Discussion in 'Turkey Hunting' started by carxman17, Mar 11, 2008.

  1. carxman17

    carxman17 cincinnati fishaholic

    Does anyone hunt turkeys with a scope?!@ Not a red dot , but a regular scope I purchased one for deer hunting. was just wondering if anyone used them for turkey?????
  2. mrphish42

    mrphish42 locators dont lie

    Used a SIMMONS PRO DIAMOND................was great deer (shotgun scope)..also......Jon Sr.....Hunted with it alot of years.....

  3. I used a simmons pro diamond also but just took it off because I didnt like it for turkey hunting.
  4. i got a simmons pro diamond that thing is freaking awesome its on my deer gun... sorry i know you didnt ask about deer. just wanted to throw my 2 cents in
  5. I use low power shotgun scope on my turkey gun. My eyesight isn't that great and it helps me focus on birds when they are in heavier cover.
  6. jigger69

    jigger69 Bambi slayer

    I have a holo sight on my gun and its sweet
  7. Fish4Food

    Fish4Food Built Ford Tough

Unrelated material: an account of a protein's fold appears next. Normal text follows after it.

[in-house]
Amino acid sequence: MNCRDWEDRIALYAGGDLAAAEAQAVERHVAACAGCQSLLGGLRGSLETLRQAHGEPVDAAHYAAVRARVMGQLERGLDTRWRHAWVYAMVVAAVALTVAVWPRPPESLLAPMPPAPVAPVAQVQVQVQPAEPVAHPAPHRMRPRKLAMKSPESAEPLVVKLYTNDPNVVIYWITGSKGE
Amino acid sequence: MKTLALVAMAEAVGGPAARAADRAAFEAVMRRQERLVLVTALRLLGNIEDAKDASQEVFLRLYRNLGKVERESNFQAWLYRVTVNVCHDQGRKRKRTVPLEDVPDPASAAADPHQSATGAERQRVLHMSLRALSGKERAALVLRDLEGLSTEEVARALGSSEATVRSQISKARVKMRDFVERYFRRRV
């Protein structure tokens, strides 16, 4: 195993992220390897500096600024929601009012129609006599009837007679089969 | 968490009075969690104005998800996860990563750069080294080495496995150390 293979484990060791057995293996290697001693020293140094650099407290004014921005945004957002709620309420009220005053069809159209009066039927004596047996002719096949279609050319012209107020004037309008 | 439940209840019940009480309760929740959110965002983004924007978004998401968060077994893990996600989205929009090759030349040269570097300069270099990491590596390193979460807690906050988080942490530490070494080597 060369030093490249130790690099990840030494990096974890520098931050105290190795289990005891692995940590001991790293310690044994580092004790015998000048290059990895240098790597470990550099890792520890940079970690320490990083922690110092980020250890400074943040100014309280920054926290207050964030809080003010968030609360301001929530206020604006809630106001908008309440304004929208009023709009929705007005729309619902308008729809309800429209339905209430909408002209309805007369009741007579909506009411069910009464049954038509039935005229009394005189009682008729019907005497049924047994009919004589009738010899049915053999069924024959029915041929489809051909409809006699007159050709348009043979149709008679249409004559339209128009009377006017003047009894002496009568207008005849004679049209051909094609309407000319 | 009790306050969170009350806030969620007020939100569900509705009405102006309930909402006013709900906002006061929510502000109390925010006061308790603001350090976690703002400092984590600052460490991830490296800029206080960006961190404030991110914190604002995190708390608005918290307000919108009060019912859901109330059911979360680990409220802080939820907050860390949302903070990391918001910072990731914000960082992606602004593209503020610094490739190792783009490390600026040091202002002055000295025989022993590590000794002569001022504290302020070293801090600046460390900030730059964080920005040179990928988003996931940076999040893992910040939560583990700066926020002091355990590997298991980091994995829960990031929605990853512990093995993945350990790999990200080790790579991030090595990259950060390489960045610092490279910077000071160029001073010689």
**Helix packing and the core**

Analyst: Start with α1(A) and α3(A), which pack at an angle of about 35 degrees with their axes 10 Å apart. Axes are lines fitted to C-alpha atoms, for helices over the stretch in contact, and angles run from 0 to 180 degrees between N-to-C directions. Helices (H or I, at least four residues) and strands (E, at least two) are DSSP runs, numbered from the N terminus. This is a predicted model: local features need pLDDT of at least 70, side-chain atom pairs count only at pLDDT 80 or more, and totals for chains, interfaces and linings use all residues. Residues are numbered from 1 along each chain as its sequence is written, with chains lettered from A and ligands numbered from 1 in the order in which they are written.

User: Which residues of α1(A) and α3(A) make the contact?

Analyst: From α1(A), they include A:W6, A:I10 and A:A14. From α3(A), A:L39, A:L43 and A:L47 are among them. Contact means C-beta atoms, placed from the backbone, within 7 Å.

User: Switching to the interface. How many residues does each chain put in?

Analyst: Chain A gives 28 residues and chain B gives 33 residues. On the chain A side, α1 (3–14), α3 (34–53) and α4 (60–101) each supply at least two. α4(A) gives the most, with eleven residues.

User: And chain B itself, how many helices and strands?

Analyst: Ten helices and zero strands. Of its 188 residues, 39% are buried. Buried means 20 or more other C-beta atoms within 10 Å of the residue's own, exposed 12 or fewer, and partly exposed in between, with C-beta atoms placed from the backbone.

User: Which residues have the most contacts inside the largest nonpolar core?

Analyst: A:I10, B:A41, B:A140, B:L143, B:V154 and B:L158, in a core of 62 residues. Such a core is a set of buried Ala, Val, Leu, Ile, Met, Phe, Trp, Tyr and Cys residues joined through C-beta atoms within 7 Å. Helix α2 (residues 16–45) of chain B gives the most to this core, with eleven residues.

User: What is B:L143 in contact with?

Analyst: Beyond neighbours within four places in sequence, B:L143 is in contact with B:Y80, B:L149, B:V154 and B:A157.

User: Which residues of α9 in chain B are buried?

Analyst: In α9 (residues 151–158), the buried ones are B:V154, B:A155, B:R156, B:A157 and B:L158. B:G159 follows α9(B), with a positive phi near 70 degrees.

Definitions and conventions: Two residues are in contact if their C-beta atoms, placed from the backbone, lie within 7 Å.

I have killed some birds using a Bushnell Trophy 4.5 power scope on my 870SM. Overall I due prefer having a scope on my shotgun for turkey hunting, but it does have its cons. There is the issue of weather hinderances, and fogging. Also you must consider that it takes longer to acquire a bird in your scope as opposed to using open sights. This fact alone can cost you a bird if it busts you and decides to run or fly. I do like my scope due to the fact that I can draw a finer aiming point, and if needed can take a longer shot.

    Caution: Turkey hunting with a scope can be painfull, as I found out last year when I shot at a bird, and got my forehead layed wide open. My adrenaline was pumping and I didn't have a firm enough grip on the gun, and still have the scar to show for it.

    Whatever you choose to use, scope or open sights. The most important thing is shot selection. You tremendously increase your odds of killing the bird when you make a good shot choice. Just as in deer hunting a broadside shot has a higher kill percentage than a head on shot. Simply due to the fact that you have a larger kill zone to hit. A bird out of strut with its head extended offers a larger kill zone than a bird in full strut with its head tucked in. Good Luck this season.